Here's a quick look at the formula in action. Say you're looking at a potential deal and you want to quickly work out your potential investment returns from the net cashflow it generates. Notice that you do not need to plug in the price into the calcuation (see note below on what this formula should not be used for).
Scenario: a property yields 12%, it can be 75% loan financed at a rate of 5%. Running costs for the property amount to 3.0% (as in the costs example above). What is the cashflow return on investment?
Just plug in the numbers:
And calculate. The answer is 21%.
Without a calculator
You can do this in your head or on paper pretty easily. Loan percentages tend to stay fairly constant and it seems that many investors know ahead of time what percentage they're working with. Rates don't move around all that much, certainly if you're comparing returns across a range of deals at the same point in time, then the rate is likely to be the same for all of them. So, 5% x 75% = 3.75% and dividing by (1 - 75%) is the same as dividing by 25%... or multiplying by four.
The whole formula then becomes: ( 12% - 3.75% - 3% ) x 4 = 5.25% x 4 = 21%. Beats plugging numbers into a spreadsheet to work out return on investment.
What you should not do with this formula
This formula must be kept in context. The fact that the purchase price does not directly appear in the calculations does not mean the price is irrelevant! If you keep all the numbers fixed and double the price, then the formula would show the same return on investment number - this is clearly not true!
The trick is that yield and property price are inversely related. If you double the price then you'll halve your yield - so update the numbers accordingly. This formula should therefore not be used to determine what price you should pay for a property. If you want to try different price scenarios, just remember to adjust the yield and cost numbers accordingly.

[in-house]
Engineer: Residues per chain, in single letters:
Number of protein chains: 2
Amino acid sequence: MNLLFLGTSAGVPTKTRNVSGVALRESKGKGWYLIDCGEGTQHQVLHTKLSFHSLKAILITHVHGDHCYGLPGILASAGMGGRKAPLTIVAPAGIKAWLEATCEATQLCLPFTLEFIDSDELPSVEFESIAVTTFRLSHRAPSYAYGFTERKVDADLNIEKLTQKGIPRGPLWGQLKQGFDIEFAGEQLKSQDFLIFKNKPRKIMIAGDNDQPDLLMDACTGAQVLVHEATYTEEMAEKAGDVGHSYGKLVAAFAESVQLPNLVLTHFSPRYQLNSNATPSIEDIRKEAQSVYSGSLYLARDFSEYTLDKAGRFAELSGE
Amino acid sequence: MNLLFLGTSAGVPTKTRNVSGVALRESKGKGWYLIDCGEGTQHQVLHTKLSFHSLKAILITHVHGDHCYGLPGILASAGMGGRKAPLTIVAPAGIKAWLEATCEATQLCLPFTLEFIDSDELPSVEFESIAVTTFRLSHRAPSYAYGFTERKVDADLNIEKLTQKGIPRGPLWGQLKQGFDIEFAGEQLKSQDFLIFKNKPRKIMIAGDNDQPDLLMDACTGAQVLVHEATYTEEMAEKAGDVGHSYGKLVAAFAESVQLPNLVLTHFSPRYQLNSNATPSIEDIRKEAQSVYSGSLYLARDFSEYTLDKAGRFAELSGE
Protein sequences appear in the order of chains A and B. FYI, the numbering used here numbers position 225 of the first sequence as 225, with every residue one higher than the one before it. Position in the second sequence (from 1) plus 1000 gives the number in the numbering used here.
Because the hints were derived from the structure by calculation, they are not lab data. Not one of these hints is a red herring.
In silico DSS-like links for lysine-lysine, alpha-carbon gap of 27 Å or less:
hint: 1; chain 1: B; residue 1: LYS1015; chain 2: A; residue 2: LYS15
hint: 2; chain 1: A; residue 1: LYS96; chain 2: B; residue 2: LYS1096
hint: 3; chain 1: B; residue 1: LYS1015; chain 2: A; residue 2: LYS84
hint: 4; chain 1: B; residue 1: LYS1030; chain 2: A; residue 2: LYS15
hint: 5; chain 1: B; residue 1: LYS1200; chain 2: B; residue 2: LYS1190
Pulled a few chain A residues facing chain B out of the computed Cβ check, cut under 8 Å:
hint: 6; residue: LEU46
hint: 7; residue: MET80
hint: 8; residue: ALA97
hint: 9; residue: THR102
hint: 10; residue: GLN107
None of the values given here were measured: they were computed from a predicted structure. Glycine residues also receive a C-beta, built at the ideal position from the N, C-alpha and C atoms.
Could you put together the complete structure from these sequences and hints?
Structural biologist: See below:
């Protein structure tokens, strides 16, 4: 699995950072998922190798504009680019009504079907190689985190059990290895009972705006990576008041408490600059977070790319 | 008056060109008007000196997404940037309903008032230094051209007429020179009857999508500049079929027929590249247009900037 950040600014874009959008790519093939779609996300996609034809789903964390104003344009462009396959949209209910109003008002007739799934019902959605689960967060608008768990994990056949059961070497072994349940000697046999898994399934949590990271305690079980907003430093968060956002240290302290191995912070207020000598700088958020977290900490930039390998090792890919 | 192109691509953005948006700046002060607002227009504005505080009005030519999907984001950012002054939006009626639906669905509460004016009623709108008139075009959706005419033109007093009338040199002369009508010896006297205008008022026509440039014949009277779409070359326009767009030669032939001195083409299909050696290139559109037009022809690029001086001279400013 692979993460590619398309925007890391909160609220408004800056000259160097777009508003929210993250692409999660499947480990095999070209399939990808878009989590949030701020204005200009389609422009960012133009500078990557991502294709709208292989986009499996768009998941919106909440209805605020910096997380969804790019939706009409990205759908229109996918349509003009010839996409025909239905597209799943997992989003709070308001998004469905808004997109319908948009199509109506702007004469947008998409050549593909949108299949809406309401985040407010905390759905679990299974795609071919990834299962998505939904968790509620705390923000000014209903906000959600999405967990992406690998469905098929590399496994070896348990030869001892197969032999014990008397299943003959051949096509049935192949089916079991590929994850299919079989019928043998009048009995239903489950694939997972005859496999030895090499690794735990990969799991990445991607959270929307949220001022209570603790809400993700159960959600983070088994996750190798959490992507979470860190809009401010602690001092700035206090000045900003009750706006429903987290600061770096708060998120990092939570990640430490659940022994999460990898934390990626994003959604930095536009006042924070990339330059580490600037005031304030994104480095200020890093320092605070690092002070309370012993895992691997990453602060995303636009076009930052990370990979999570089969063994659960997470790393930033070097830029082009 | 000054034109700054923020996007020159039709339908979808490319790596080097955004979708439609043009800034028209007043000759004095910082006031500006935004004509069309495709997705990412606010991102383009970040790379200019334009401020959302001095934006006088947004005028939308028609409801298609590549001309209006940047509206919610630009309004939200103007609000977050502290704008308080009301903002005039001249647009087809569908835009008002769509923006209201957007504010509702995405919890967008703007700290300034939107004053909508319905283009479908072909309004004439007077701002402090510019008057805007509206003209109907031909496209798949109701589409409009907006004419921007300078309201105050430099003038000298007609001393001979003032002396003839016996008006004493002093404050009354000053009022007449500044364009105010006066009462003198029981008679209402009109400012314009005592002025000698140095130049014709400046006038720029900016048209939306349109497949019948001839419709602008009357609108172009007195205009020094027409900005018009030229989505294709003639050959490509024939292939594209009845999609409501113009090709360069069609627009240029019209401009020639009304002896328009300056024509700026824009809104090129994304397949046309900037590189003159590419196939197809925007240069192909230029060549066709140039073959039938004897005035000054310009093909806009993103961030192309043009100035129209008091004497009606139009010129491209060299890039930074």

What you should do with this formula...
... is take a snapshot of investment performance. The formula answers the question "Taking property price as given, what are my investment returns?".
* Propable has a range of online deal analysis tools that works out all these statistics (and more) for you. Propable is the easiest way to make more money from your property.
The last few months has seen a dramatic change in the buy-to-let mortgage market as many of the giants of the buy-to-let market have made a sharp exit. This includes Northern Rock and Mortgage Express, both now nationalised. Also other big lenders such as Paragon and the the Mortgage Works have stopped lending.
The result is that bizarrely some of the biggest players left are paradoxically the small building societies. A quick skim through the best buy pages of Moneyfacts highlights the top deals all being provided apart from Cheltenham Gloucester who are part of Barclays by traditional building societies. Many of which, such as the Shepshed BS and the Leek BS are hardly household names in the buy-to-let lending world.
So who's offering the best deal at this moment:
The best of the bunch is the Shepshed who make a welcome return to the buy-to-let market.
They are offering a 4.99% 2 year base rate tracker. LTV is 75%, the fee is £999 but £849 can be added to the loan. There are no limits on portfolio size but Shepshed will only lend in England and Wales outside of the M25.
Other lenders worth looking at are the Leeds BS, National Counties BS and The Leek BS.
For more of the best deals have a look at Moneyfacts best buys